You may not be aware of it, but Thursday, October 16 is World Food Day in Canada and the United States. This day was first established in 1979 in a collective effort to make the needs of hungry people known to the world at large.
Each year the World Food Programme(WFP) of the United Nations publishes sobering facts about the number of hungry people in the world. Did you know, for instance, that there are at least 795 million people in the world who will go to bed hungry tonight? That is about one in every nine people. Asia is the continent that has the most hungry people, although the largest percentages of the total population can be found in sub-Saharan Africa. WFP also provides downloadable hunger maps that make the scope of this problem even more visible.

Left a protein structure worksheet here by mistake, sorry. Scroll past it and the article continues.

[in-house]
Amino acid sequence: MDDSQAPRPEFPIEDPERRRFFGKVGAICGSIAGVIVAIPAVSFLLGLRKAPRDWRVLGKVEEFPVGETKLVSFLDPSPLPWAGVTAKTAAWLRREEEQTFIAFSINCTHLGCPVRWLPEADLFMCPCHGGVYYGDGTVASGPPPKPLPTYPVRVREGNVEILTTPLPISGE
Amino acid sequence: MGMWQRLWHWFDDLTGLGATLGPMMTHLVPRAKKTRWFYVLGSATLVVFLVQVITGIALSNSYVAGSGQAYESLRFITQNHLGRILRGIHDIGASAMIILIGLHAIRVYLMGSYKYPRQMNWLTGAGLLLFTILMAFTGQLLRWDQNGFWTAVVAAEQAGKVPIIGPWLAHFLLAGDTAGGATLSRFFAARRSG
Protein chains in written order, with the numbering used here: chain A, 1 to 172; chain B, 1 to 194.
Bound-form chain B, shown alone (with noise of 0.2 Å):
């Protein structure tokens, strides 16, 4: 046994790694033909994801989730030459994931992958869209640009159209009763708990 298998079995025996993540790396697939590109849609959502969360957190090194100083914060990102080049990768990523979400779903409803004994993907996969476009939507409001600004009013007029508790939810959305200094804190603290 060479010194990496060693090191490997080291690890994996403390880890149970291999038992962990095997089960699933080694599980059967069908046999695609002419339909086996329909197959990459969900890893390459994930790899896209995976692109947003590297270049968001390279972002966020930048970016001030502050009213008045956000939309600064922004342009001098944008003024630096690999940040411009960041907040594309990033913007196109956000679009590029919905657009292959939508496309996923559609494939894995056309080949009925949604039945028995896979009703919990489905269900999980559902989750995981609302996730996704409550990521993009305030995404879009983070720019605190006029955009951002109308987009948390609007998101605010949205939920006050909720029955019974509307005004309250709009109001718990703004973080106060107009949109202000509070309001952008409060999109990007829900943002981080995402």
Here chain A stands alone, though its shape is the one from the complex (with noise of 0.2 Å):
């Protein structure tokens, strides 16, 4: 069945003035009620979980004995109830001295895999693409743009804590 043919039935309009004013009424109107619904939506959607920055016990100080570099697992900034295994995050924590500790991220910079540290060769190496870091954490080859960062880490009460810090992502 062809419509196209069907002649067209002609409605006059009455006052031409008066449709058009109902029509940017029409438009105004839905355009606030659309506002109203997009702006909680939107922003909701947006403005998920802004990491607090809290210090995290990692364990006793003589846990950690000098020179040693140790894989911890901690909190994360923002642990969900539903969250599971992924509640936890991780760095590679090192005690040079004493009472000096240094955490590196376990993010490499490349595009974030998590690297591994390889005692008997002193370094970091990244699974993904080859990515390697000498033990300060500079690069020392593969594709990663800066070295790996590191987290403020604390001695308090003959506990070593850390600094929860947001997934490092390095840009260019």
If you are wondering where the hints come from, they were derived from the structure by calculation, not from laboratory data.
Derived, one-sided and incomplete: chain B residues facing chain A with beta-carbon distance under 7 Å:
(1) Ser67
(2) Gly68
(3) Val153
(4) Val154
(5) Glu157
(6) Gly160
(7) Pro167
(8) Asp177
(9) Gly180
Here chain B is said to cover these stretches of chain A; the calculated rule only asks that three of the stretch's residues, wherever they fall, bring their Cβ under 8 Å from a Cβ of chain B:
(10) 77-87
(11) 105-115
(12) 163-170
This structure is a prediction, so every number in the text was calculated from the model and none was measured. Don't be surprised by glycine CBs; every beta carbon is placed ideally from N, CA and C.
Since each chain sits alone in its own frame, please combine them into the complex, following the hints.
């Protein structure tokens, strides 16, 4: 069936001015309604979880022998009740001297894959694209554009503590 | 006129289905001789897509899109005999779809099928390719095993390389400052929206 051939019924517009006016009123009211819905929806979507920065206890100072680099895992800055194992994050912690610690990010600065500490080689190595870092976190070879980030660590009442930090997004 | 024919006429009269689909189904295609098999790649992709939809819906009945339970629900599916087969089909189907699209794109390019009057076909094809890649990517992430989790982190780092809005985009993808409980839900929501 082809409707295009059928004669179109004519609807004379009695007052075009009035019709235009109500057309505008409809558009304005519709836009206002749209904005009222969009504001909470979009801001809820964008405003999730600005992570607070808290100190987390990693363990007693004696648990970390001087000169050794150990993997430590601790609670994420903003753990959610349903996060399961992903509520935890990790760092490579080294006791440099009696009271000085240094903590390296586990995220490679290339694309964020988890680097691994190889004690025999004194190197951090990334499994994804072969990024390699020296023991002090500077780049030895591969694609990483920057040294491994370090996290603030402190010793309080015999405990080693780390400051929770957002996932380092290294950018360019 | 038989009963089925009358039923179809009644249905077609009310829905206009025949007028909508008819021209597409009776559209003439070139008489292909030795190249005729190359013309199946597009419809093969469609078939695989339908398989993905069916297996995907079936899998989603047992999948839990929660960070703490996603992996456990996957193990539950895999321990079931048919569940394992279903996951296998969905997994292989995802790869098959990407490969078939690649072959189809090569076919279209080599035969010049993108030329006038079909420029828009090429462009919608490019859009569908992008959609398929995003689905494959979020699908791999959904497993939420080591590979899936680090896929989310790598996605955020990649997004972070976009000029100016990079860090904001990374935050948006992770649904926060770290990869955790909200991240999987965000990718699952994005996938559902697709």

There are many resources available to churches who wish to educate about and simulate the issue of hunger. Continue reading
This is certainly one approach to adult education. I wonder how you structure your faith formation for adults. KLD
By Israel Galindo, Associate Dean for Lifelong Learning
Every once is a while (like last month, in fact) I get a call from a church leader wanting ideas about creating a mini-seminary in their congregations. While that idea is driven by a sincere desire to make Christian education more meaningful and effective in their congregations, I remain suspect of that approach. I believe that any congregation will be well-served by taking Christian education more seriously and, by going about its practice in more intentional ways. But I also believe that a seminary is one thing and a church another—and when it comes to educating in faith, the two should not be confused.
However, I appreciate the well-intentioned efforts of those who want a more rigorous “school of faith” in their congregations.